A new Israeli study finds that men who hold more patriarchal views tend to categorize women as either chaste, nurturing, and good, or promiscuous, manipulative and seductive.
According to the researchers, this polarizing “Madonna-Whore dichotomy” is often rooted in the male desire to reinforce dominance, and not only relates to attitudes that restrict a woman’s autonomy, but can also damage intimate relationships between men and women.
“These men may have difficulties feeling attracted to the women they love, or loving the women to whom they are sexually attracted, leading to chronic dissatisfaction in their romantic relationships,” said Orly Bareket of Tel Aviv University in Israel.
The study, published in Springer’s journal Sex Roles, supports a contention dating back to the time of Freud, which indicates that some men find sexual pleasure and love for a woman to be incompatible. The findings are also consistent with other studies that show holding on to patriarchy-reinforcing beliefs comes at a price for men, as they constantly feel threatened and anxious because of their need to defend their manhood.
The study involved 108 heterosexual Israeli men who completed an online questionnaire. Of all the participants, 77 percent were younger than 30 years old, and 55 percent were single. The men answered questions about how they perceived a woman’s sexuality, whether being nurturing and sexual are mutually exclusive, and whether chaste women have more positive traits than others.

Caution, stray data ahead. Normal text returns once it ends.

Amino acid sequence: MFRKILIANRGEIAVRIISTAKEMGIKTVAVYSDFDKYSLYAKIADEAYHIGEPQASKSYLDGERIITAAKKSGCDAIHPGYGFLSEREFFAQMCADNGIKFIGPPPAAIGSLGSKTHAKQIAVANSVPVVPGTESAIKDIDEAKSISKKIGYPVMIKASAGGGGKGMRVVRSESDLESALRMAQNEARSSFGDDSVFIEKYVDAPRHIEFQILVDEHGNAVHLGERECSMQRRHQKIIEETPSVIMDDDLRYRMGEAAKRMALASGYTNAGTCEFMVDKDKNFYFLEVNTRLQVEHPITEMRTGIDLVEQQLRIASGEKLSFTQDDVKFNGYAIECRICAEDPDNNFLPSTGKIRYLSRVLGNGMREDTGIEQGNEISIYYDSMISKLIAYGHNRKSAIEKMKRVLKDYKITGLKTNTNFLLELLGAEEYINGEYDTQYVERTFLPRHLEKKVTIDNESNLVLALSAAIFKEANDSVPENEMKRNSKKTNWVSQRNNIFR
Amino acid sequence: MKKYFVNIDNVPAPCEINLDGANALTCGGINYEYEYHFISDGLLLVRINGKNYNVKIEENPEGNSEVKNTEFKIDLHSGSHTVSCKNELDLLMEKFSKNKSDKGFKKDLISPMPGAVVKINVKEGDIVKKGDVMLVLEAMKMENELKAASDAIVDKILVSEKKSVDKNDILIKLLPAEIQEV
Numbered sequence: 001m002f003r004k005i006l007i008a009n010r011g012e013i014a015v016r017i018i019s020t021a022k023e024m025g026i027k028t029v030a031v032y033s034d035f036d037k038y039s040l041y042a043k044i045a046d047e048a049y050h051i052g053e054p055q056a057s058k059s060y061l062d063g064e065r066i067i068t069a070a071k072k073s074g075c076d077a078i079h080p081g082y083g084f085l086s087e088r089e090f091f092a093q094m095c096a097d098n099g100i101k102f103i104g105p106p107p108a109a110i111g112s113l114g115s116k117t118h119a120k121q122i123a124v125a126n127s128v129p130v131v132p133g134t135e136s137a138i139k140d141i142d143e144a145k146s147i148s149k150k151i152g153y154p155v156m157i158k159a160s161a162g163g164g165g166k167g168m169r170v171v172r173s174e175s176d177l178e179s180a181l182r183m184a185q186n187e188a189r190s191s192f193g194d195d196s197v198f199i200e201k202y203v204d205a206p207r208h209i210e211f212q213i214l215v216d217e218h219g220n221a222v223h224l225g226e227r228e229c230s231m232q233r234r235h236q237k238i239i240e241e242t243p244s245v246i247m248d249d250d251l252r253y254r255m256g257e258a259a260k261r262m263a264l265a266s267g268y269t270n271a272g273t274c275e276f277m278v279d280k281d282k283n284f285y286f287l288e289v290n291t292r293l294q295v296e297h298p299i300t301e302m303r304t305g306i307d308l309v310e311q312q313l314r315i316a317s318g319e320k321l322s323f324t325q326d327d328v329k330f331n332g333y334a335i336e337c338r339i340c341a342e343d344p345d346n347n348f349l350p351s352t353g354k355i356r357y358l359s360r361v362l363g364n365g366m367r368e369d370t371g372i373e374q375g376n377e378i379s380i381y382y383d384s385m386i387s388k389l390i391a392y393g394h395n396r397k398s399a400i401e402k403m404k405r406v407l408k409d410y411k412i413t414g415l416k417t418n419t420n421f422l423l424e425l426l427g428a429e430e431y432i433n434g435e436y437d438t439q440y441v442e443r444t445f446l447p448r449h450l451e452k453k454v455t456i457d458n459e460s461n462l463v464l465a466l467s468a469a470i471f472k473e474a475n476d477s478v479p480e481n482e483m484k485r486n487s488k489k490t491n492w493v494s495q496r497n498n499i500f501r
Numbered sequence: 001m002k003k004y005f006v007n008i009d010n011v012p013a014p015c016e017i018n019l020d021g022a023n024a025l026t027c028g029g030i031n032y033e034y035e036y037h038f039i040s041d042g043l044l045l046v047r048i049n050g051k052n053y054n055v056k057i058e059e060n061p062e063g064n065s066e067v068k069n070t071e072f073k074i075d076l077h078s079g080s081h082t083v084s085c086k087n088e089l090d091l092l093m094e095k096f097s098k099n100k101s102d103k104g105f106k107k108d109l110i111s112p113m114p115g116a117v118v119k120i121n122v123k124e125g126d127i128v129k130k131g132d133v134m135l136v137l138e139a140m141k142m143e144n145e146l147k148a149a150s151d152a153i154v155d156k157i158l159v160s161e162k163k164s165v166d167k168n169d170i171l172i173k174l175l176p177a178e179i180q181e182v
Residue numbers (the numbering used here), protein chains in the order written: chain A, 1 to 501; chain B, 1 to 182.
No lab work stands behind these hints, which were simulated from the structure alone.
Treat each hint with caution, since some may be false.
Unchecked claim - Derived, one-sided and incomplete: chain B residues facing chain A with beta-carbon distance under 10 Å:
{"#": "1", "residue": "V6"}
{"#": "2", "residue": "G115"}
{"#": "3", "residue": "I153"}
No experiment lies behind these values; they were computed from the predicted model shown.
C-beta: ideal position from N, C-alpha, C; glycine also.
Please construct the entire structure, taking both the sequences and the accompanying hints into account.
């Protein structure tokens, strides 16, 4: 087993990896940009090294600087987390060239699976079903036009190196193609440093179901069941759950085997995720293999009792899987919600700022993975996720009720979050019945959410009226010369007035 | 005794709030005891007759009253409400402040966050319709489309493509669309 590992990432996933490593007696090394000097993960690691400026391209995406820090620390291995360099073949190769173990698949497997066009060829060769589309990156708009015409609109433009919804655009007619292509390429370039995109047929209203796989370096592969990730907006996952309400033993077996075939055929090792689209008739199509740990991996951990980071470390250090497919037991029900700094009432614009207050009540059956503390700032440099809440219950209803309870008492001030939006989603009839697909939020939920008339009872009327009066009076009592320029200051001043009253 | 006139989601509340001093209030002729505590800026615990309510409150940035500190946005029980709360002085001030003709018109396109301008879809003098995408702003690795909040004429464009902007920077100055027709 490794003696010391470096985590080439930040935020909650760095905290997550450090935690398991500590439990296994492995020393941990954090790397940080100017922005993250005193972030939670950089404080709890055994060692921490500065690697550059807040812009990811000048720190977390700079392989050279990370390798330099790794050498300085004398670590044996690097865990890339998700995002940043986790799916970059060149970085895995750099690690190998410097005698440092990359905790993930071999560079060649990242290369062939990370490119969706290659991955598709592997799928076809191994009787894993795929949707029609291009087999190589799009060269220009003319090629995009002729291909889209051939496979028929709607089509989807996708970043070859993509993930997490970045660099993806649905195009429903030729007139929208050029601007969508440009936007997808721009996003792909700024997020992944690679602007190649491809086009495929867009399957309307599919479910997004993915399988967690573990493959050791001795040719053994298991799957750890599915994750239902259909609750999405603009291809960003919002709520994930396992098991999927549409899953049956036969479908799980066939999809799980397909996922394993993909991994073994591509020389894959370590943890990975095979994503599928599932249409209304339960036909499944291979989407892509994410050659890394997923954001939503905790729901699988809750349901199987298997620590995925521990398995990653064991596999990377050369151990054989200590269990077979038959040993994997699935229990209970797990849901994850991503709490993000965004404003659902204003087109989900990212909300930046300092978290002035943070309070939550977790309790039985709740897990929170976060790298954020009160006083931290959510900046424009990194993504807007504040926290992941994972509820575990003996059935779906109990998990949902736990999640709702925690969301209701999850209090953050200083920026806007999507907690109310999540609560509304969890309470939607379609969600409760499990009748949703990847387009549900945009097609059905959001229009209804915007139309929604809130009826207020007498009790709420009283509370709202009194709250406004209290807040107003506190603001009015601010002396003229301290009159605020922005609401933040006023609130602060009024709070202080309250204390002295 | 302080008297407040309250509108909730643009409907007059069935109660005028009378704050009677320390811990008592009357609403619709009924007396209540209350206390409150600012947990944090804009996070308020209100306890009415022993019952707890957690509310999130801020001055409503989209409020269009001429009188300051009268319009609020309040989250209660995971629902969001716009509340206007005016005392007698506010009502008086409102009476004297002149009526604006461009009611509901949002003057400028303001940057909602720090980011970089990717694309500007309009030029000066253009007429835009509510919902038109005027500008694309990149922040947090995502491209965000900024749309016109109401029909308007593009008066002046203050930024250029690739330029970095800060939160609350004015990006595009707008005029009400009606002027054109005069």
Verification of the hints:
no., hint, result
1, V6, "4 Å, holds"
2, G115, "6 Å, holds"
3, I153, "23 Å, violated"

The questionnaire also gauged the men’s general support for hierarchical social structures, particularly for male dominance. The men were questioned about whether they thought women wanted to dominate, whether they ascribed to current gender roles and relationships, and whether they sexually objectified women or felt protective and paternalistic towards them. The men also answered questions about the state of their relationships and sex lives.
The findings reveal that support for male dominance negatively influences the well-being of both men and women by reinforcing gender inequality, objectifying women, and restricting their sexuality.
In particular, men who support male dominance were more likely to view women as either sexually pure, chaste, and generally good, or as sexually promiscuous, manipulative, and generally bad.
These men were also more likely to sexually objectify women, express double standards that allow men more sexual freedom and initiative than women, and display benevolent sexism (for example, by trying to take care of women) towards women who embrace traditional feminine roles.
Baraket believes that clinicians and therapists should explore how the Madonna-Whore dichotomy plays a role in the mentality of their male and female patients. Psycho-educational interventions that help reduce sexism and social dominance and that promote empathy and respect towards others could be of value.